The Maine Coon, a large domestic cat, is known for its shaggy appearance and friendly nature. Originating in America, it's often misunderstood as a mix of cat and raccoon, despite this being debunked.
The Ragdoll cat's name reflects its affectionate and limp behavior when held. Its origins are uncertain, with various tales including CIA ties. Popular in the '90s, it gained recognition in 2000 from the Cat Fancier’s Association.
The Norwegian Forest Cat, bred in Norway, is a robust, long-haired feline with wildcat traits. Initially from crosses, it's now friendly, intelligent, and playful, making it an ideal loyal companion.
The Persian cat's standout feature is its flat face, adorned with long hair that creates a bigger look. Despite appearing large, it's among smaller large breeds. While typically inactive, it's cherished for its distinct facial appearance.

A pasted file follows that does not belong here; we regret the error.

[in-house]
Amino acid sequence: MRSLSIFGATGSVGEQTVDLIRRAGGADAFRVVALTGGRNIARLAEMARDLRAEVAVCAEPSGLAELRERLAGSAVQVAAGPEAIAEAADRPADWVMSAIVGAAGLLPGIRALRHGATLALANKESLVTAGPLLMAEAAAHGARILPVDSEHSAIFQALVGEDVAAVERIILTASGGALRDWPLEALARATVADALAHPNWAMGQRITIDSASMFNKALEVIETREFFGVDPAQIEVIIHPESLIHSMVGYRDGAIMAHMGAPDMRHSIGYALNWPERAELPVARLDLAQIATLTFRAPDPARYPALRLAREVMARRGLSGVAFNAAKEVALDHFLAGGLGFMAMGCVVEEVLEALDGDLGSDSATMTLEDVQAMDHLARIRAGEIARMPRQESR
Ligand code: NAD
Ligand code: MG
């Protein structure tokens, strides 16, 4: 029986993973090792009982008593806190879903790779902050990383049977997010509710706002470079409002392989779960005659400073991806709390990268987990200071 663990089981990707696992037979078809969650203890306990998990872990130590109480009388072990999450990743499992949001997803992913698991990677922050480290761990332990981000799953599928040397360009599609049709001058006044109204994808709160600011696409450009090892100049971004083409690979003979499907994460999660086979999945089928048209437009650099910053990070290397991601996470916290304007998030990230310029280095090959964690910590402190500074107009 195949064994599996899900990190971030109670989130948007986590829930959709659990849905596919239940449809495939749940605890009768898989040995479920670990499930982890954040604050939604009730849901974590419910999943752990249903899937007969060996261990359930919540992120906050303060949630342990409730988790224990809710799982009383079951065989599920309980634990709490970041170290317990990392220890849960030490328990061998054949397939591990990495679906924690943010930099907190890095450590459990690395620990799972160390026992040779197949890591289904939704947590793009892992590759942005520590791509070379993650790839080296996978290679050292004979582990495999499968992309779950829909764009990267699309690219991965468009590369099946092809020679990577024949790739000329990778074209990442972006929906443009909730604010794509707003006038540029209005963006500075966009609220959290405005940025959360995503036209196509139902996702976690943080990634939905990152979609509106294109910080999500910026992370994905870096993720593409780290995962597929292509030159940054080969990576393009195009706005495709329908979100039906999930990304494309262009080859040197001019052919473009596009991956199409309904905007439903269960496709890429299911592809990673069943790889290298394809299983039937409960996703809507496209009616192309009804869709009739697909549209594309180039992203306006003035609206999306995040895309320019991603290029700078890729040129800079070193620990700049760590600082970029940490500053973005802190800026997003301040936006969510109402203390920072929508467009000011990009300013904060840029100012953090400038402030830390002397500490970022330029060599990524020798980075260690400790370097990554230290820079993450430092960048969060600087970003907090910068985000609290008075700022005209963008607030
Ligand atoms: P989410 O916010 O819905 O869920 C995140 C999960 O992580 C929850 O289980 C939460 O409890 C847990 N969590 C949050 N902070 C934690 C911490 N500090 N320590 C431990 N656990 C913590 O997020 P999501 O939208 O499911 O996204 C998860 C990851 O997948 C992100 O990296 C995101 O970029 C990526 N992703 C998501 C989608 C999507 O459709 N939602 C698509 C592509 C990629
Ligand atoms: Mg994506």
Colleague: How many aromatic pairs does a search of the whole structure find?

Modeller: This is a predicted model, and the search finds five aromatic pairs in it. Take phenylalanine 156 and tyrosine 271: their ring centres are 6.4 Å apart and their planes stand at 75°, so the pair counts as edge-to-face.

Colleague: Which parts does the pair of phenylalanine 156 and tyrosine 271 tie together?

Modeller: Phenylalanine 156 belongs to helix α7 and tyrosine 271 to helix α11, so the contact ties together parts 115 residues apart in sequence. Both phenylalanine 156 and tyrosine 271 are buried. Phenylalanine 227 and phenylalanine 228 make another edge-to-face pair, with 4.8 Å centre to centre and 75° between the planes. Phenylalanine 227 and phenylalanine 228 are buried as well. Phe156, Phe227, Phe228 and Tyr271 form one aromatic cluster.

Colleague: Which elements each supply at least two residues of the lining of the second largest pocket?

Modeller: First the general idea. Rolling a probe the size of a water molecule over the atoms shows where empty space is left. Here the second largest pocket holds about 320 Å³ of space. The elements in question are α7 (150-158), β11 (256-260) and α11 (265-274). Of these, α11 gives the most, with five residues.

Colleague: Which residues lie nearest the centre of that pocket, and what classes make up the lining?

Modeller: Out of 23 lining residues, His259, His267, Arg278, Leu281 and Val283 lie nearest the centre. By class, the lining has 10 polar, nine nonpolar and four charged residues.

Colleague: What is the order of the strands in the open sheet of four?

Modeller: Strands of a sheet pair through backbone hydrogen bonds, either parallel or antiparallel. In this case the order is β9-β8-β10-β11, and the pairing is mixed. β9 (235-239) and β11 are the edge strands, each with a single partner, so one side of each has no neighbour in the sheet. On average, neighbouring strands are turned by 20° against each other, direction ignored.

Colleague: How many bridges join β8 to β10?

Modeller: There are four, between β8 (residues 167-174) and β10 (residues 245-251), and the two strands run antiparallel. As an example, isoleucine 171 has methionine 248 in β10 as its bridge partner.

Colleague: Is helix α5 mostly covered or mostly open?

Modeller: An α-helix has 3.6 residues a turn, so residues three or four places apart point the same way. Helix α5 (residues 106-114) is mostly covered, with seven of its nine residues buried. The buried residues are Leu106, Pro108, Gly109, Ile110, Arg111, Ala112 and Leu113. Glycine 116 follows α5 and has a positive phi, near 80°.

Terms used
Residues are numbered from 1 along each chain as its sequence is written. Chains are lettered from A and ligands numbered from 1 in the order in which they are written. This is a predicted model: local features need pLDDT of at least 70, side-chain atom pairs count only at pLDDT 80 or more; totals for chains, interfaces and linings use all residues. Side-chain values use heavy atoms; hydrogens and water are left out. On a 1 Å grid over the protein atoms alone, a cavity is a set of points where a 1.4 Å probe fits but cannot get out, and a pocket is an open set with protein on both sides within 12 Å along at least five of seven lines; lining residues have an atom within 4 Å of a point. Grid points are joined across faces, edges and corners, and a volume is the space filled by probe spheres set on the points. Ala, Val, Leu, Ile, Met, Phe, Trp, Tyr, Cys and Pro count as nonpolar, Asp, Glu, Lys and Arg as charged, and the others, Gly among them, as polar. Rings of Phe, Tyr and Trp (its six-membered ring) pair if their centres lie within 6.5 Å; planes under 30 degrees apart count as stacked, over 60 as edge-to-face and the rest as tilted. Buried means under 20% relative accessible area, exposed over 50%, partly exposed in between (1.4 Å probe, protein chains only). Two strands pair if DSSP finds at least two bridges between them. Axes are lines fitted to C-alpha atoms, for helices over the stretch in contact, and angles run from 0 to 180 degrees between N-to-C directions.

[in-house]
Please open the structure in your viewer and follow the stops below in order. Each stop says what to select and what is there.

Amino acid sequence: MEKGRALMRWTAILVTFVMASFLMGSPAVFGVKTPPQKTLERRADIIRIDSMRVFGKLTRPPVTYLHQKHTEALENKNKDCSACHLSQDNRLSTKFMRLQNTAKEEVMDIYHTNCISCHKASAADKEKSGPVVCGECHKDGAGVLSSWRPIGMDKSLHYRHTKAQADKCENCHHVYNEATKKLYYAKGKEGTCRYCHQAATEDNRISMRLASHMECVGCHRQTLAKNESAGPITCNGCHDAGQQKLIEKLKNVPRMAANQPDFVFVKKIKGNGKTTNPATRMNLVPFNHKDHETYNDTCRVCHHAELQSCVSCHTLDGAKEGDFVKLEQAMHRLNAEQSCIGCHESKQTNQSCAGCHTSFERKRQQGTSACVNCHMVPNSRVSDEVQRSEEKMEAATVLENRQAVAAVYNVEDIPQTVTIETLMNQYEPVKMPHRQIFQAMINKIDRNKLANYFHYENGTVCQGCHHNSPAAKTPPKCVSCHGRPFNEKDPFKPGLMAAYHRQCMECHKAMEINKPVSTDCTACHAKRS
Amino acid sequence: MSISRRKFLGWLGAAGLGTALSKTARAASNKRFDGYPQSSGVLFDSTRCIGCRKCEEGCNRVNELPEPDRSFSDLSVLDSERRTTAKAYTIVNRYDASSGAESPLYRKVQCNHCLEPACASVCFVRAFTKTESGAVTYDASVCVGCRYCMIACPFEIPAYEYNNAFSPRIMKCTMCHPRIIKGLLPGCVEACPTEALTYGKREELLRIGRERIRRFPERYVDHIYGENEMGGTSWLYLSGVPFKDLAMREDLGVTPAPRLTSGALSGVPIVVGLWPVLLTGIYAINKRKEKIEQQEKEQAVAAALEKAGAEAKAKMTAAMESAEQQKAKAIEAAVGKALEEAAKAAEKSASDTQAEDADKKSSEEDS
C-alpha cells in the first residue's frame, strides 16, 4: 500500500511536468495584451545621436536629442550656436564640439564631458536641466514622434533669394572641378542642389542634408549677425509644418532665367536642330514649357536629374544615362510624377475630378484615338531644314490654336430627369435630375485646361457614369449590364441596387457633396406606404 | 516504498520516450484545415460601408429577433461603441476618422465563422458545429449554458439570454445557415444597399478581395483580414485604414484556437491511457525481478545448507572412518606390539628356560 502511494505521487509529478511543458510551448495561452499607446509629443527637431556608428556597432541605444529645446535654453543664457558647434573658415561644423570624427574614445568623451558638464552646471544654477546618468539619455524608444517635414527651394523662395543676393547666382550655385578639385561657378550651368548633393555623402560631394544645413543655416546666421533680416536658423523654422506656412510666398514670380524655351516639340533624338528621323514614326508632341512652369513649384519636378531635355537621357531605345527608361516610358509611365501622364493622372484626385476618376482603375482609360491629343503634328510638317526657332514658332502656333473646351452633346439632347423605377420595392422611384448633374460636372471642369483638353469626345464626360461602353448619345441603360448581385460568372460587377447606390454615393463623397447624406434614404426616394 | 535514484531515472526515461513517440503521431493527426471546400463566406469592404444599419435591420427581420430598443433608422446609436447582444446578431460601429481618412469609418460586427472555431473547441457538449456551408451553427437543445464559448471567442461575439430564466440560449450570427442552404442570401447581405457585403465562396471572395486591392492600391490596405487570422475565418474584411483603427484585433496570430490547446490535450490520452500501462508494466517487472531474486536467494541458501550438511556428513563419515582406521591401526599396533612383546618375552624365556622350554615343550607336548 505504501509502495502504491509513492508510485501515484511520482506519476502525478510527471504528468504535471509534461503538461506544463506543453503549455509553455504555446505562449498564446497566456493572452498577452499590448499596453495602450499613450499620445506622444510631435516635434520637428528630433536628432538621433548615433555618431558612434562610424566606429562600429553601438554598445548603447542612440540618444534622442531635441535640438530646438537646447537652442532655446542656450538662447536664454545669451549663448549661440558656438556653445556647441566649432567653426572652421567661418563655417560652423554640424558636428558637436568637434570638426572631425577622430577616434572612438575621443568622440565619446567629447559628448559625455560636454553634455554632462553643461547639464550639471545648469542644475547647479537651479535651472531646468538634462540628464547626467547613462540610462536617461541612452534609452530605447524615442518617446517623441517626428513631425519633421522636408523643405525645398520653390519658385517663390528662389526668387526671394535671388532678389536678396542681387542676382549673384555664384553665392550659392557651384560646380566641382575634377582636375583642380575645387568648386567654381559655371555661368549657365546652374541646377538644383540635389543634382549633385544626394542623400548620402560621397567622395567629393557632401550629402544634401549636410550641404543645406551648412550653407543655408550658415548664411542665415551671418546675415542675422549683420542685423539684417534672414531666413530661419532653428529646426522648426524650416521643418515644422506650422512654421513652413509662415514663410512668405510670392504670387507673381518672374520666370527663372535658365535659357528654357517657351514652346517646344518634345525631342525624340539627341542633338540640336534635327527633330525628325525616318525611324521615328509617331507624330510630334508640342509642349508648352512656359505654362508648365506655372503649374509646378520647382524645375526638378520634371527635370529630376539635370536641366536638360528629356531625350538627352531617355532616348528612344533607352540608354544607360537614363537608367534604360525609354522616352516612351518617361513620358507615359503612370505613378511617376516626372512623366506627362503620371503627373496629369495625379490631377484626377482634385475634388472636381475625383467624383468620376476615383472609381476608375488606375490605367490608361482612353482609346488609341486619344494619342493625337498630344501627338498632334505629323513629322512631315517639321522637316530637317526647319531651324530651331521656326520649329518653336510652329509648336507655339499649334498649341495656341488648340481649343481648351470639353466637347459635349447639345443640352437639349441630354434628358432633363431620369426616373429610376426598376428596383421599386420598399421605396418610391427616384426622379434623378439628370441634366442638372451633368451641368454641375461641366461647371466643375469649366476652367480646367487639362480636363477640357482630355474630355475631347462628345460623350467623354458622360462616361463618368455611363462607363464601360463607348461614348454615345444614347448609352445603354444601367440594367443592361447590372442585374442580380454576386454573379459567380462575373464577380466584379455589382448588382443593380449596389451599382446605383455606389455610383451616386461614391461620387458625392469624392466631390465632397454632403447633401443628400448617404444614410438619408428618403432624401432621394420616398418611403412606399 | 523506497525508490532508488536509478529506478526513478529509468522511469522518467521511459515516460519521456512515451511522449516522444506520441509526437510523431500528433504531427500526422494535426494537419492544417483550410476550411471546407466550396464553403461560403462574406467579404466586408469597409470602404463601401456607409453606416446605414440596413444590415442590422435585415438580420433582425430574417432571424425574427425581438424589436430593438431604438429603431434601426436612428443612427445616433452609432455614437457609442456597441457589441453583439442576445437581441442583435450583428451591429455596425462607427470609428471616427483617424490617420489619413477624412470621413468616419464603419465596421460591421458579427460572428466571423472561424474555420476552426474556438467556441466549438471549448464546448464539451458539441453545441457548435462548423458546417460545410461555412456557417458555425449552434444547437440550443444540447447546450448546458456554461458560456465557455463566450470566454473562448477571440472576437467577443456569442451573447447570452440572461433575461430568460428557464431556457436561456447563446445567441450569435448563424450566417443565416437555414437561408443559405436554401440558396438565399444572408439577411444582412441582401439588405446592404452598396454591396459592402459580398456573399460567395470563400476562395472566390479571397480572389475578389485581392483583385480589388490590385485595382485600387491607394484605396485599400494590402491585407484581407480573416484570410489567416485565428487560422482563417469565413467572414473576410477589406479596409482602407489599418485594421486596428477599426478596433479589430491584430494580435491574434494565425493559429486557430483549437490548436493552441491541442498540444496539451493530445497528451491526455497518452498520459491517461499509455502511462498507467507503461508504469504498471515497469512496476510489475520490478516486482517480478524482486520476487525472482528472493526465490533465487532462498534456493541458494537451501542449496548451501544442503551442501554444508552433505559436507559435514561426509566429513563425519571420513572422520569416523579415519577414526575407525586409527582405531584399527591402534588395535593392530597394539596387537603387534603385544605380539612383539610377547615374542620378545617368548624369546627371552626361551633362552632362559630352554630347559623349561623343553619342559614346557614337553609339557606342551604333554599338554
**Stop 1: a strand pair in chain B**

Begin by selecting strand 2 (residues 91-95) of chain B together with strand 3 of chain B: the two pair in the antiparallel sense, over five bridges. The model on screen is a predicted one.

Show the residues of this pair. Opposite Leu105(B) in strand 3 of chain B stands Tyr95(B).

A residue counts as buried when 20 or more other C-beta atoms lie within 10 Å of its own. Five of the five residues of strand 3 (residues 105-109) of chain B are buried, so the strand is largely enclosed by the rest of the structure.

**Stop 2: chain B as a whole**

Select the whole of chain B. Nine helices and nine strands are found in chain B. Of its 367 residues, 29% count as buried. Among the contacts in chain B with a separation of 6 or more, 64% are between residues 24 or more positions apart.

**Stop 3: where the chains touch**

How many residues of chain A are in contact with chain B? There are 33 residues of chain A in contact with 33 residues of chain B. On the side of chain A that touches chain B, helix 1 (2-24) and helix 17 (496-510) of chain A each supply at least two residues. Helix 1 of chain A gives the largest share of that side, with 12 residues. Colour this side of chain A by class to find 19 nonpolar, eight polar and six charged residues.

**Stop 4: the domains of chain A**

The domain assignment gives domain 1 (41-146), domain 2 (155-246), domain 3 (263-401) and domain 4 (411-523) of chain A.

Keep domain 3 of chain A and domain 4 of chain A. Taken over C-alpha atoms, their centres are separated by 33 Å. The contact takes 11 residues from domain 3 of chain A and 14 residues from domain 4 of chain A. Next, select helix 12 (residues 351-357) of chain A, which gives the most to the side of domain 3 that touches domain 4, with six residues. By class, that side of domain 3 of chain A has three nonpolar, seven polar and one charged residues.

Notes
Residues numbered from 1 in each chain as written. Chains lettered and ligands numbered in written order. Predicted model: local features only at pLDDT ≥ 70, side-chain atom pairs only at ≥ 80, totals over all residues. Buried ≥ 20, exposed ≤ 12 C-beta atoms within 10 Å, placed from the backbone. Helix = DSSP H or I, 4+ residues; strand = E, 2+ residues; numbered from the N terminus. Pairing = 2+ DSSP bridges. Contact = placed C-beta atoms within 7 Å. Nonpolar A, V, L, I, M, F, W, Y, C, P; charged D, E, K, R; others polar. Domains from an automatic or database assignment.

The Chausie, named after "felis chaus," the jungle cat, is a regal, active, and intelligent breed. With remarkable hunting skills and a dominant presence, it's agile, high-jumping, and attention-seeking.
Siberian cats, toughened by harsh climates, are large, intelligent, and sturdy. Domesticated from challenging conditions, their affectionate and playful nature thrives indoors, making them wonderful house companions.
Savannah cats result from domestic-serval crosses, resembling leopards. They're prized by exotic cat lovers, categorized by wildness levels.
Distinct with a bobbed tail and bobcat-like traits, this house cat evolved from strays with short tails, forming a unique breed over time.
Closely linked to ragdolls, ragamuffins are big, gentle, and affectionate. Their calm demeanor and lush coat resemble ragdolls, but with friendlier faces and rounder eyes.
Bengal cats, resembling wild counterparts, boast an athletic body and distinctive coat. Despite their jungle look, they're affectionate, people-oriented, playful, and love climbing.